Moringa oleifera

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Related Links
Moringa oleifera foliage
© Joris de Wolf, Patrick Van Damme, Diego Van Meersschaut
Flowers on trees in Honduras
© Anthony Simons
Flowers on trees at Ramogi, Kenya
© Anthony Simons
Immature pods on trees at Ramogi, Kenya
© Anthony Simons
Coppice: Coppice planted in garden.
© Rafael T. Cadiz
Moringa oleifera live fence
© Rafael T. Cadiz
Fruit: The mature long, thin fruits may grow up to 50 cm long.
© Rafael T. Cadiz
Habit at State nursery Kahului, Maui, Hawaii
© Forest and Kim Starr
Flowers at Kahului, Maui, Hawaii.
© Forest & Kim Starr (USGS)
Flowers at Kahului, Maui, Hawaii. 
© Forest & Kim Starr (USGS)
Leaves and flowers at Kahului, Maui, Hawaii. 
© Forest & Kim Starr (USGS)
Habit at Kahului, Maui, Hawaii.
© Forest & Kim Starr (USGS)
© David Lee, Professor and Chairperson, Department of Biological Sciences, Florida International Unive

Local names:
Amharic (shiferaw), Arabic (rawag), Bengali (sujina,sohjna,sajina), Burmese (dan-da-lun,dandalonbin), Cantonese (nugge), Creole Patois (benzolive tree), English (moringa tree,ben-oil tree,cabbage tree,clarifier tree,horse-radish tree,drumstick tree,West

Moringa oleifera is a small, graceful, deciduous tree with sparse foliage, often resembling a leguminous species at a distance, especially when in flower, but immediately recognized when in fruit. The tree grows to 8 m high and 60 cm dbh. Bole crooked, often forked from near the base. Bark smooth, dark grey; slash thin, yellowish. Twigs and shoots shortly but densely hairy. Crown wide, open, typically umbrella shaped and usually a single stem; often deep rooted. The wood is soft.

Leaves alternate, the old ones soon falling off; each leaf large (up to about 90 cm long), with opposite pinnae, spaced about 5 cm apart up the central stalk, usually with a 2nd lot of pinnae, also opposite, bearing leaflets in opposite pairs, with a slightly larger terminal leaflet. Leaflets dark green above and pale on the under surface; variable in size and shape, but often rounded-elliptic, seldom as much as 2.5 cm long.

Flowers produced throughout the year, in loose axillary panicles up to 15 cm long; individual flower stalks up to 12 mm long and very slender; 5 pale green sepals 12 mm long, finely hairy, 5 white petals, unequal, a little longer than the sepals; 5 stamens with anthers, 5 without; style slender, flowers very sweet smelling.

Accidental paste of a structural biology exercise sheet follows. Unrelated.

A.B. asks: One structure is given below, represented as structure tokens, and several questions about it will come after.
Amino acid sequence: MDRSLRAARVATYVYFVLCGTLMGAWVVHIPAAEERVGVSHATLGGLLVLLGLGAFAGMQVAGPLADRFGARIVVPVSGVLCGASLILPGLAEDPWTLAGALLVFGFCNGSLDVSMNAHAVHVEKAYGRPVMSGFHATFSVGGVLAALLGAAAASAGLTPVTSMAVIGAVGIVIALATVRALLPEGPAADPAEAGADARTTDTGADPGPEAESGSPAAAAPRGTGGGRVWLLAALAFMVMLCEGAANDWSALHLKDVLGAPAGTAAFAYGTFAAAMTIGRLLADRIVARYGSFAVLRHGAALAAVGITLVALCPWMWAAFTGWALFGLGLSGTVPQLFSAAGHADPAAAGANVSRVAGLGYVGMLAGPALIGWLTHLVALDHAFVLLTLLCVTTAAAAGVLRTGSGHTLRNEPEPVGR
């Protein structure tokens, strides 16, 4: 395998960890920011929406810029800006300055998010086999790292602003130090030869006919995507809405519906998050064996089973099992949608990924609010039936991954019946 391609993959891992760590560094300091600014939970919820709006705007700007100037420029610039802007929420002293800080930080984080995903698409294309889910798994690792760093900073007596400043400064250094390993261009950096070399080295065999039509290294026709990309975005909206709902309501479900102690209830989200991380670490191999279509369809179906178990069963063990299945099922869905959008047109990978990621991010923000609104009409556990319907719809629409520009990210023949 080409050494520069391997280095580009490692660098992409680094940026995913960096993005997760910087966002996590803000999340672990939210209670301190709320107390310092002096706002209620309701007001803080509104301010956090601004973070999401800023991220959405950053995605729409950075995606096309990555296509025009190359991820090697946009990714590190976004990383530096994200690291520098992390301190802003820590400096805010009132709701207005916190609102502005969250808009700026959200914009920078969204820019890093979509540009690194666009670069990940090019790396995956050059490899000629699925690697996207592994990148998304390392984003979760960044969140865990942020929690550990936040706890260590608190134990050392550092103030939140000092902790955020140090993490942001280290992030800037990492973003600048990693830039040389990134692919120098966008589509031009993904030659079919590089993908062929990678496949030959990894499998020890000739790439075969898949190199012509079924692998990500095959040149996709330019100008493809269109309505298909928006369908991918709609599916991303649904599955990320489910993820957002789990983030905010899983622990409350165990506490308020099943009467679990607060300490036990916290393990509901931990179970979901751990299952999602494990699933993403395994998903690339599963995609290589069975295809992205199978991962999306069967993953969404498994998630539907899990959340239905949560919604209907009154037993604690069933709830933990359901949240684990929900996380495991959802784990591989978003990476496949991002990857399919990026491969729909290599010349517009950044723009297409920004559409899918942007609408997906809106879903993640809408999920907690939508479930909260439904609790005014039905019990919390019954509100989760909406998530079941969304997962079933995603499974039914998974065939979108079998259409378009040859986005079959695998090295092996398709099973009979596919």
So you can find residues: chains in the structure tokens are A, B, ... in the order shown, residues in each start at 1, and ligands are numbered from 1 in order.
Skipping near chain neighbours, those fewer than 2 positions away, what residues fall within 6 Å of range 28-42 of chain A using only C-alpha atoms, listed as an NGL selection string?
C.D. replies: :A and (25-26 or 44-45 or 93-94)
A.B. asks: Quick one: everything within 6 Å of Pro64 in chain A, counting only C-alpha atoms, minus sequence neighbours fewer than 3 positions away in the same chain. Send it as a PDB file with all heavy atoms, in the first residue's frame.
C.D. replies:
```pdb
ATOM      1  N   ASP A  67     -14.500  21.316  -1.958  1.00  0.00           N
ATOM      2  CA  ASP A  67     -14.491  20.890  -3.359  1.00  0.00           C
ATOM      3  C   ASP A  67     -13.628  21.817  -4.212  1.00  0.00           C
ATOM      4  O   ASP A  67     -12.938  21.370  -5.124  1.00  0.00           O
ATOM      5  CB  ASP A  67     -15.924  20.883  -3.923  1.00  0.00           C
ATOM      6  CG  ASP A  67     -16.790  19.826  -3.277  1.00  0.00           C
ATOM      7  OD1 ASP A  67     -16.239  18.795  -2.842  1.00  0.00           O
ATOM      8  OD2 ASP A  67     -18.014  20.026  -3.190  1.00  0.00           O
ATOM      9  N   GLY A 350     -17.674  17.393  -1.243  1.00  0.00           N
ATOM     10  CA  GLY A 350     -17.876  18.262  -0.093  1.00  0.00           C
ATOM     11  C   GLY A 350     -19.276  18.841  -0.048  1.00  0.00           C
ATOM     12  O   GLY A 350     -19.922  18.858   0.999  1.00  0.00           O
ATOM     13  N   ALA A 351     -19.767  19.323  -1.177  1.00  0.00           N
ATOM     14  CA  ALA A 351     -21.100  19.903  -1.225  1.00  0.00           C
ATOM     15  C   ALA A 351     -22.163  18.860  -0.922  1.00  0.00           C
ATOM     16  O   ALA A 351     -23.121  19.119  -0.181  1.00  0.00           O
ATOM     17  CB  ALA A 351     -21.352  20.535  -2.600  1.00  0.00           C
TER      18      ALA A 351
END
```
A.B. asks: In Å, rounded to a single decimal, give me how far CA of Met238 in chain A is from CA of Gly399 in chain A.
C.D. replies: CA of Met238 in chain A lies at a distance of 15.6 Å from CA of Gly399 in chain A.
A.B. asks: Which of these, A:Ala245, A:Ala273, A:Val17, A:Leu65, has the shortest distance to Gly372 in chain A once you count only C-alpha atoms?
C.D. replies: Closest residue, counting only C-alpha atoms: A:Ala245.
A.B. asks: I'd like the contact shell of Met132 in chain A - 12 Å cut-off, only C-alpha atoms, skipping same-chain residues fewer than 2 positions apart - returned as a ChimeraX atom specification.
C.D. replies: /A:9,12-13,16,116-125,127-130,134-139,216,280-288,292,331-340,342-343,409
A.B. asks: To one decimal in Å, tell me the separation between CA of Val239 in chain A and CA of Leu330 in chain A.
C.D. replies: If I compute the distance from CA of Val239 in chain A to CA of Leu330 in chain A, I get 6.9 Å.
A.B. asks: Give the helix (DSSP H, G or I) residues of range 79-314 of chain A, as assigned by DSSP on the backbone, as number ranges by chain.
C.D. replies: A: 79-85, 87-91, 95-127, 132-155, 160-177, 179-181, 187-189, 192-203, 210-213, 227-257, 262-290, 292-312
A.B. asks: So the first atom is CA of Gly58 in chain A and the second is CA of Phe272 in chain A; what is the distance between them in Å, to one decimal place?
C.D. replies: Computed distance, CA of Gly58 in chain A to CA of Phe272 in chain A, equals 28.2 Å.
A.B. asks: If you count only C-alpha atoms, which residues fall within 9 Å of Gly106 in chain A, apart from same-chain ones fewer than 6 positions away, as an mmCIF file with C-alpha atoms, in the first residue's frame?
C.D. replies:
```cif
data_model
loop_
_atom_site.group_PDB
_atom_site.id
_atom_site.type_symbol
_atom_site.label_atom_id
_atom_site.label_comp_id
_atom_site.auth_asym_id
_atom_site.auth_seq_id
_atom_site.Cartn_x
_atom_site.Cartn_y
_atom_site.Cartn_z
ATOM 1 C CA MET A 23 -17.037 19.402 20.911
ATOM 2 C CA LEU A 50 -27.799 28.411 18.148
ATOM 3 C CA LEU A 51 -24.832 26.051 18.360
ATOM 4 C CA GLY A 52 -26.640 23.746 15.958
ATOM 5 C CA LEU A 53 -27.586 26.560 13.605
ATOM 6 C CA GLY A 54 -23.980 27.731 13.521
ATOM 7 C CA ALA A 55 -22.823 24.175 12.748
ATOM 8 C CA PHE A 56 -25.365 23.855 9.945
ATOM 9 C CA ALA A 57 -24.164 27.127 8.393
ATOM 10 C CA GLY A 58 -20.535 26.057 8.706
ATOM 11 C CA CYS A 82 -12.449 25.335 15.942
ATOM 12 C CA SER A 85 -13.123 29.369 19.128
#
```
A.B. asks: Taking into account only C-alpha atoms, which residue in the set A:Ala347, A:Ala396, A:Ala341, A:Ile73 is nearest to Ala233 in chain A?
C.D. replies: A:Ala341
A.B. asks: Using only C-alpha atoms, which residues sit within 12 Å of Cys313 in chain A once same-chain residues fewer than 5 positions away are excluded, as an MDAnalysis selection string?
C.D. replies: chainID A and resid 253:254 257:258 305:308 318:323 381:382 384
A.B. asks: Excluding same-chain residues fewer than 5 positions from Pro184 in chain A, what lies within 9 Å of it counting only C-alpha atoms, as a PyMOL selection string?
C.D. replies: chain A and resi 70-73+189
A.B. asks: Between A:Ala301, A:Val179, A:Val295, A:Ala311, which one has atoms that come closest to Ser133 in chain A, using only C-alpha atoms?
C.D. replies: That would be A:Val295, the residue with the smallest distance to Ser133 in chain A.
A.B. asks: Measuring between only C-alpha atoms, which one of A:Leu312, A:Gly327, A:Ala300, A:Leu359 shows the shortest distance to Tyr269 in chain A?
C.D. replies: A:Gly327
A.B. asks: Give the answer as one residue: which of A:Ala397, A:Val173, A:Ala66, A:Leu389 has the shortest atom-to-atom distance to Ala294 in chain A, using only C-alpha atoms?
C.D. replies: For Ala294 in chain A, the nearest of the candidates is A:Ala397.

Fruit large and distinctive, up to 90 cm long and 12 mm broad, slightly constricted at intervals, gradually tapering to a point, 3- (4-) angled, with 2 grooves on each face, light brown. It splits along each angle to expose the rows of rounded blackish oily seeds, each with 3 papery wings.

The generic name comes from the Sinhalese name ‘morunga’.


Readily colonizes stream banks and savannah areas where the soils are well drained and the water table remains fairly high all the year round. It is quite drought tolerant but yields much less foliage where it is continuously under water stress. It is not harmed by frost, but can be killed back to ground level by a freeze. It quickly sends out new growth from the trunk when cut, or from the ground when frozen.

Native range
India, Malaysia, Oman, Qatar, Saudi Arabia, United Arab Emirates, Yemen, Republic of

Tree management

Moringa is an extremely fast-growing tree, and within 1-3 months trees reach 2.5 m. Constant pruning of up to 1.5 m/year is suggested to obtain a thick-limbed and multibranched shrub. Trees are commonly grown for their leaves, and topping-out is useful to keep an abundant supply of leaves, pods and flowers within easy reach. M. oleifera responds well to mulch, water and fertilizer. Growth is stunted in areas with a high water table. It coppices and pollards well.

Seed storage behaviour is orthodox; viability can be maintained for several years in hermetic storage at 3 deg. C with 5-8% mc. Seeds should be collected from well-developed pods, but difficulties arise because seeds drop continually.

Readily colonizes stream banks and savannah areas where the soils are well drained and the water table remains fairly high all the year round. It is quite drought tolerant but yields much less foliage where it is continuously under water stress. It is not harmed by frost, but can be killed back to ground level by a freeze. It quickly sends out new growth from the trunk when cut, or from the ground when frozen.